Good planning and diligent saving can help you from having to solely rely on Social Security benefits, which is often not enough to support you in retirement. There are many saving tools to consider, including life insurance.
Addressing financial concerns in your 30s and 40s can help prepare you for the future and boost your confidence in your ability to manage money and solving the retirement puzzle.
USA Today’s recent article, “Financial planning: How to determine if you need life insurance in retirement,” notes that many older Americans wonder if they’ll need life insurance in retirement. They are concerned whether their surviving spouse and loved ones will need the capital generated by the life insurance policy—the death benefit—to replace their income and to preserve assets.
The answer depends on the facts and circumstances. Some experts believe that if you planned well enough prior to retirement, you won’t need life insurance. You’ll have no debt, plenty of assets to replace the income lost due to your death, and sufficient money to leave to heirs. That all sounds good in theory, but reality may be different.
Run the numbers. Examine your projected cash flow statement before and after the death of either spouse. If there’s more than enough income to cover the surviving spouse’s living expenses throughout retirement, then you might not need life insurance. However, if there will not be enough income, even after you calculate the amount the couple has saved and whether that can reliably provide for the surviving spouse — then you might need life insurance as an income replacement for the surviving spouse, to pay off a large debt, like a mortgage or the replacement of assets for heirs, if you have use of all your funds for your needs.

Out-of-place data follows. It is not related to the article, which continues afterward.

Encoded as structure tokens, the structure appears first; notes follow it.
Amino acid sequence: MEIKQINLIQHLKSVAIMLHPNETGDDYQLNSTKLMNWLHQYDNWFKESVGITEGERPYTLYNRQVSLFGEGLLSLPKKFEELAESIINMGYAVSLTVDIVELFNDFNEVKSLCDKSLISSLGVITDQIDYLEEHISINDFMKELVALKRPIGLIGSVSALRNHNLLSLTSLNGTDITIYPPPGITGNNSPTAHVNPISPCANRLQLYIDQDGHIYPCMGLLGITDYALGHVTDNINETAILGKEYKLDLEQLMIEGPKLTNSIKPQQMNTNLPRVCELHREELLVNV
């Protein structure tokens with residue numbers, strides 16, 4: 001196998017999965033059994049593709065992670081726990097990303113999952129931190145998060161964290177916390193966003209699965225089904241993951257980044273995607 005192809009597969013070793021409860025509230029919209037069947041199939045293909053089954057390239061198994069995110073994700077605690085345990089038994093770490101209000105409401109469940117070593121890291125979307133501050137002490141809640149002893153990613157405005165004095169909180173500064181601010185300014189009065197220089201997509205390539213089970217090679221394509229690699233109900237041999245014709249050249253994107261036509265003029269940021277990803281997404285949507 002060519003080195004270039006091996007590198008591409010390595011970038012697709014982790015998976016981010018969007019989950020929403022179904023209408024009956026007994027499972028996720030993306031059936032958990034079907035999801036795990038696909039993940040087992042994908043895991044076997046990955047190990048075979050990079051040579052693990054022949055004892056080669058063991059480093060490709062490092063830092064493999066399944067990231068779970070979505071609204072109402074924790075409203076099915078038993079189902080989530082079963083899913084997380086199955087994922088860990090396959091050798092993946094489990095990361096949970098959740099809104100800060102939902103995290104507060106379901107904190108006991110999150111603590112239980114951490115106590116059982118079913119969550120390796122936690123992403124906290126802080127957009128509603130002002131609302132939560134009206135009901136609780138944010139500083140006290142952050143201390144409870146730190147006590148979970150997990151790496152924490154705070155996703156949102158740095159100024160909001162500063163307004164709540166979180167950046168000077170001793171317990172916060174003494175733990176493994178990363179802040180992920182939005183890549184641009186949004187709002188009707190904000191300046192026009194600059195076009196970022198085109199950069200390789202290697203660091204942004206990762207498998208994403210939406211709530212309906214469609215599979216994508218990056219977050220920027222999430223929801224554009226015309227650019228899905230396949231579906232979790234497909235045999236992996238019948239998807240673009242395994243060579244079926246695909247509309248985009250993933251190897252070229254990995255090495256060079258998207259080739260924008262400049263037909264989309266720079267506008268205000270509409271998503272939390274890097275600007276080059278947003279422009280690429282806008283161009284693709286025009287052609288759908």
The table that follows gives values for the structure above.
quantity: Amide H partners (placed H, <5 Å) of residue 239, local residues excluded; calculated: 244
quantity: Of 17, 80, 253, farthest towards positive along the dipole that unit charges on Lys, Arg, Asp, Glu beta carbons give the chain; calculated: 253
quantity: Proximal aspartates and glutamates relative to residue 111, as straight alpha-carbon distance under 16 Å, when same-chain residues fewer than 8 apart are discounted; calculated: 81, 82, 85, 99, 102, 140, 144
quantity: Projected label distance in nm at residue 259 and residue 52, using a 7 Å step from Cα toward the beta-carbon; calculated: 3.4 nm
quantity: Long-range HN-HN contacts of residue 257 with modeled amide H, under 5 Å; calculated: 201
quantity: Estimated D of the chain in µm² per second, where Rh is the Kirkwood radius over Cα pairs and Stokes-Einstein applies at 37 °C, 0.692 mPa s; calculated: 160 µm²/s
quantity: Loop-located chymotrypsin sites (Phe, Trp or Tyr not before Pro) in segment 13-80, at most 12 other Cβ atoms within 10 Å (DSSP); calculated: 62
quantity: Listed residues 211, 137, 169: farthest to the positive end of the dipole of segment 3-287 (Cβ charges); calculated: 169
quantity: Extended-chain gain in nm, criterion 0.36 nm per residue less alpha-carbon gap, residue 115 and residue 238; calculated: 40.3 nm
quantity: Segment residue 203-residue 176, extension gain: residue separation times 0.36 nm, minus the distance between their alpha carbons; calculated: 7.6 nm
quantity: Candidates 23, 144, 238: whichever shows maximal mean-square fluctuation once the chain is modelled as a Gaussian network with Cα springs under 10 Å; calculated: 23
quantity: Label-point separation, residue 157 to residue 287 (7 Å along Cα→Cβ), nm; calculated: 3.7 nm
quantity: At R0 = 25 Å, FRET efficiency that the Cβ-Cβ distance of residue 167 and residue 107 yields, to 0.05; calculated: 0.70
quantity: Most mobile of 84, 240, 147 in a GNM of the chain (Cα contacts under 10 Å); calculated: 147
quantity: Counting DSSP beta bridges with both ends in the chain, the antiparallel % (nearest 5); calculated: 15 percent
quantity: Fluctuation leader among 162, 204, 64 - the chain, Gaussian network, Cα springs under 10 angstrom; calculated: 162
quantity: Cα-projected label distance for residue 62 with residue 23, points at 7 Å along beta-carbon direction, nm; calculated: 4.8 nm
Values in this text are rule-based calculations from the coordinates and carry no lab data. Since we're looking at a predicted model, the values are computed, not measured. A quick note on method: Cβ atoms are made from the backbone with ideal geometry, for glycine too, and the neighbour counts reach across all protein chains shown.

It can also be used for estate taxes, taxes due on inherited IRA distributions or Roth accounts, or for charitable planning. A retiree with a large worth more than the individual estate tax credit might want their heirs to use life insurance proceeds to pay estate taxes and to avoid selling the bequeathed asset. These types of life insurance policies need to be in an irrevocable life insurance trust to keep its value out of your estate calculations.
Financing the life insurance premium on a fixed income is an issue.
You can use required minimum distributions (RMDs) from IRAs to finance life insurance that will provide a tax-free legacy to heirs. If you designate a non-profit organization as the eventual beneficiary of the retirement account, the IRA will no longer be included in your taxable estate. This strategy allows a retiree to eliminate the tax impact of their retirement account at their death, while eliminating income taxes on the retirement savings (this is only if you have a taxable estate).
In addition, with the possible need to fund long-term care expenses in retirement, retirees might consider buying a fully paid life insurance policy with a rider for long-term care.
Speak with your estate planning attorney to work through the numbers and make sure that any insurance policy you purchase, works as part of your estate plan.
Reference: USA Today (May 2, 2018) “Financial planning: How to determine if you need life insurance in retirement”